BOOK REVIEW – US Navy Escort Carriers 1942-45

By Mark Stille, New Vanguard Series, Osprey Publishing, New York, NY (2017) Reviewed by Michael F. Solecki There were three major types of aircraft carriers in World War II (WWII). The first, very expensive “fleet” carriers, were large, fast, heavily armored, and armed for self-defense, carried over 80 planes designed with major strike and long-range

BOOK REVIEW – The Japanese Navy in World War II: In The Words Of The Former Japanese Naval Officers (Second Edition)

Edited by David C. Evans, Naval Institute Press, Annapolis, MD (Hardcover,1986; Paperback, 2017) Reviewed By: Michael F. Solecki The Japanese Navy In World War II is a collection of interviews/essays previously published in various volumes of the United States Naval Institute’s Proceedings, as well as other publications from the 1950s and 1960s by former witnessing

BOOK REVIEW – U.S. Navy Codebreakers, Linguists, and Intelligence Officers Against Japan 1910-1941: A Biographical Dictionary

By Captain Steven E. Maffeo, USNR, (Ret.), Rowan & Littlefield, Lanham, MD (2016) Reviewed by Michael F. Solecki Any leader worth his salt will tell you that the acquisition, interpretation, and proper dissemination of intelligence is arguably the most important key to solving any problem; from identifying what is in front of you to winning

BOOK REVIEW – The Most Dangerous Moment of the War: Japan’s Attack on the Indian Ocean, 1942

By John Clancy, Casemate Publishers, Oxford, UK (2015) Reviewed by Michael F. Solecki Naval activities in the Indian Ocean during World War II are rarely talked about in U.S. historical circles as it was primarily a British theater. In 1942 when the war broke out, Ceylon (modern day Sri-Lanka) was home base to the British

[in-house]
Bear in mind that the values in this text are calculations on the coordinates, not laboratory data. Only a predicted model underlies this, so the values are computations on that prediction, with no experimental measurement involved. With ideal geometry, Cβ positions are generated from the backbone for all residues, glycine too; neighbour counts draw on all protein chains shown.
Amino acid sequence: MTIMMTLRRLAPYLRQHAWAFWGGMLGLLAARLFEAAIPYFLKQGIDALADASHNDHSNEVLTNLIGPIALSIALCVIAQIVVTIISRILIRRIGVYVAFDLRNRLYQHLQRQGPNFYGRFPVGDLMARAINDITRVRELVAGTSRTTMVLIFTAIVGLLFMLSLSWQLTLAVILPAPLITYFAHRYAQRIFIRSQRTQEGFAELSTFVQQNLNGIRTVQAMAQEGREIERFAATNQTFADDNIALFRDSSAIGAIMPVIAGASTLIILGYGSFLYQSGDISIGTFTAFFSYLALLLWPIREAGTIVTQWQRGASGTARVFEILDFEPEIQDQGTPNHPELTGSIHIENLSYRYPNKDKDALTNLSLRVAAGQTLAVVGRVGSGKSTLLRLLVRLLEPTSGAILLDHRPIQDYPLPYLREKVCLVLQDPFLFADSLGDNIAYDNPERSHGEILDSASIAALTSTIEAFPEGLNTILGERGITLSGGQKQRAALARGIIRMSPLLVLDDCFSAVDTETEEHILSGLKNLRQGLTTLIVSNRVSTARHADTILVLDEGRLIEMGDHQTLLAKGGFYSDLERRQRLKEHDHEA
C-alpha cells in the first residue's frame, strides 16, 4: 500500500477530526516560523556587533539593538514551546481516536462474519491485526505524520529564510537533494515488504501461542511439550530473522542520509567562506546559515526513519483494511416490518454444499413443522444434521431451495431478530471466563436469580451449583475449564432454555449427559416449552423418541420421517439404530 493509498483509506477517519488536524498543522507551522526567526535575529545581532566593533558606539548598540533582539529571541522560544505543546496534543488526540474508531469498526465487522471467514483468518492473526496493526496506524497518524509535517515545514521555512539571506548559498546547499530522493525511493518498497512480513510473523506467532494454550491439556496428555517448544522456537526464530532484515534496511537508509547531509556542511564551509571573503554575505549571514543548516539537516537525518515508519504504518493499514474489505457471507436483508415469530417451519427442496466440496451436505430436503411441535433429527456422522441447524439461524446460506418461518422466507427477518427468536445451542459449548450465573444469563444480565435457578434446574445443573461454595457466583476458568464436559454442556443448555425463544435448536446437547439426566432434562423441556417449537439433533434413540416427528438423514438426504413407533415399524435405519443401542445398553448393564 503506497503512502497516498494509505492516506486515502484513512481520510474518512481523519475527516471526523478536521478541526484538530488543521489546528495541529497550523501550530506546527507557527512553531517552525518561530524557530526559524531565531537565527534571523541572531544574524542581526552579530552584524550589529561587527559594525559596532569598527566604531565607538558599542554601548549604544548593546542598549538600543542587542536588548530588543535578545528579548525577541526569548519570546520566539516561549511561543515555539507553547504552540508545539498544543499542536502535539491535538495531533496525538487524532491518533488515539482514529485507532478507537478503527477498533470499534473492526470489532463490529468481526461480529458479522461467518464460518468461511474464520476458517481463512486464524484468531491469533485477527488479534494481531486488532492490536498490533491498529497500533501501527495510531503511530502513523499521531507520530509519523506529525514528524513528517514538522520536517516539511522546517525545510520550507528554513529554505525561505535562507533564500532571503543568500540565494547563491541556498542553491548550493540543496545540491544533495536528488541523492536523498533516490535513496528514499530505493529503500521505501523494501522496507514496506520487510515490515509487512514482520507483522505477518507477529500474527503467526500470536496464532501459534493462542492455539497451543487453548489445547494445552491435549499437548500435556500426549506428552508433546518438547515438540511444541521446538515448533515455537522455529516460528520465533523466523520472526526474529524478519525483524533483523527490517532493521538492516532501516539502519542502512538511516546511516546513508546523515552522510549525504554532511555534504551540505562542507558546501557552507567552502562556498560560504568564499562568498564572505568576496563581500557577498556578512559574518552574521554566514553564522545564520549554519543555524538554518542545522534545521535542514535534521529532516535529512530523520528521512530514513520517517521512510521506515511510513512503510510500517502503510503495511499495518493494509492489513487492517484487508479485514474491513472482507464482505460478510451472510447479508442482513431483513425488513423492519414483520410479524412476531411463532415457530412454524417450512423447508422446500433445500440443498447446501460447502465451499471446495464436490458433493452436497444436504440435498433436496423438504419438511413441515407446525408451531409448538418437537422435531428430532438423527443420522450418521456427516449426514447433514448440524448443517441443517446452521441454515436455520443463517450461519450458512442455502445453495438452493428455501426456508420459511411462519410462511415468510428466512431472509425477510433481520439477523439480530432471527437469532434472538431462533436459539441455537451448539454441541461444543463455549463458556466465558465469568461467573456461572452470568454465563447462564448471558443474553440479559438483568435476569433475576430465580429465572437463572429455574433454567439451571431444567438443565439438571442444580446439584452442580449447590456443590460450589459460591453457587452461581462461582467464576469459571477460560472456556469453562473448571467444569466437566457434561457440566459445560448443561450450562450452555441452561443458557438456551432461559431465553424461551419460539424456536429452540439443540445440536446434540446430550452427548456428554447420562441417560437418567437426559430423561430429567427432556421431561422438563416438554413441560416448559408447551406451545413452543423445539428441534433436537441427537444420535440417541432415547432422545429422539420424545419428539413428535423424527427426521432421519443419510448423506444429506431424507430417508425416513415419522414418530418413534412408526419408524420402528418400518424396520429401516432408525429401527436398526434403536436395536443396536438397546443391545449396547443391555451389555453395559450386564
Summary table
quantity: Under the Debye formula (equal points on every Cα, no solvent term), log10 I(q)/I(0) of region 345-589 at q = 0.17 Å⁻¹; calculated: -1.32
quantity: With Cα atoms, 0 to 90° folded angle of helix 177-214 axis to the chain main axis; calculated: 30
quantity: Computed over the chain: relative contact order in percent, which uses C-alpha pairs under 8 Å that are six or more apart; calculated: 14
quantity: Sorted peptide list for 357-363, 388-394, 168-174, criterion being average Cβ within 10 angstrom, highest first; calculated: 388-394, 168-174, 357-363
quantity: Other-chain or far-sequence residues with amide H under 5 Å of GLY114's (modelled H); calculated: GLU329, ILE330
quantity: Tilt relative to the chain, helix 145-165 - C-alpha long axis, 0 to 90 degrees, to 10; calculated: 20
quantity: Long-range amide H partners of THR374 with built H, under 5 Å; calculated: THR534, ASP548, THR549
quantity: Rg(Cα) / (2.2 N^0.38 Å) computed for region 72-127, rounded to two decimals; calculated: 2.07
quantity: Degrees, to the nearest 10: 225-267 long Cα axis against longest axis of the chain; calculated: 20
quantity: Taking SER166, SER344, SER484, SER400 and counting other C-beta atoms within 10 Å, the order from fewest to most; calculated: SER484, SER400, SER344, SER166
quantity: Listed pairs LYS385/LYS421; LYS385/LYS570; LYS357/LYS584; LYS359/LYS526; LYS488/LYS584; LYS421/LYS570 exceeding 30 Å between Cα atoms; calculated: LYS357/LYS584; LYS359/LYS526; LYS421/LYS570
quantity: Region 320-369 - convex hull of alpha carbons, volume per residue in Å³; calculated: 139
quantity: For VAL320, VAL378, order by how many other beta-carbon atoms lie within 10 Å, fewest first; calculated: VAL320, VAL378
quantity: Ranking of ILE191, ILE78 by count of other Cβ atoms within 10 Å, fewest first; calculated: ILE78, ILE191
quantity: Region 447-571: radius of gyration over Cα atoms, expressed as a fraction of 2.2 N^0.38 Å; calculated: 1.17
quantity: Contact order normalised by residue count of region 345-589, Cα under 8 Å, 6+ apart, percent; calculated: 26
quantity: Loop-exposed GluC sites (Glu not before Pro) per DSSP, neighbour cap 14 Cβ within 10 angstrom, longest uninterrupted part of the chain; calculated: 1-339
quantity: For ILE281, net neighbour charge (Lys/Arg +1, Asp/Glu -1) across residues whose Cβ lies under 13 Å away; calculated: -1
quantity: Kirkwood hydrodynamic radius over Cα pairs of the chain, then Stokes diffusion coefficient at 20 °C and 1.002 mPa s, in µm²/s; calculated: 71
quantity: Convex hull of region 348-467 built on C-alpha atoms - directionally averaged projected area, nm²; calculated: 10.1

BOOK REVIEW – The U.S. Naval Institute on The U.S. Naval Academy: The History

Edited by Thomas J. Cutler, Naval Institute Press, Annapolis, MD (2015) Reviewed by Michael F. Solecki In 1839, the federal government established the first formal non-private naval school in Philadelphia called the “Naval Asylum,” a somewhat daunting name by today’s grammatical vernacular. The school, the actual forerunner of the U.S. Naval Academy, was an academic

BOOK REVIEW – Tin Can Diary: The War Diary of Earl W. Foxwell, Jr.’s Tour of Duty Aboard The Destroyer USS Edwards, DD 619

By Harry J. Foxwel, Self Published, Middletown, DE (2015) Reviewed by Michael F. Solecki The destroyer is a light, fast, maneuverable, and heavily armed class of warship originally designed in the late 1800s to “destroy” torpedo boats. By World War II, these ships were designed and used to escort much larger ships and convoys filling

BOOK REVIEW – The Ship That Wouldn’t Die: The Saga of the USS Neosho and a World War II Story of Courage and Survival at Sea

By Don Keith, Penguin Group, New York, NY (2015) Reviewed by Michael F. Solecki During the Battle of Coral Sea in May 1942, the Japanese sank Neosho and her escort Sims. A sidebar of the battle until recently, the sinking of these two ships developed into a fascinating story of survival and heroism. I am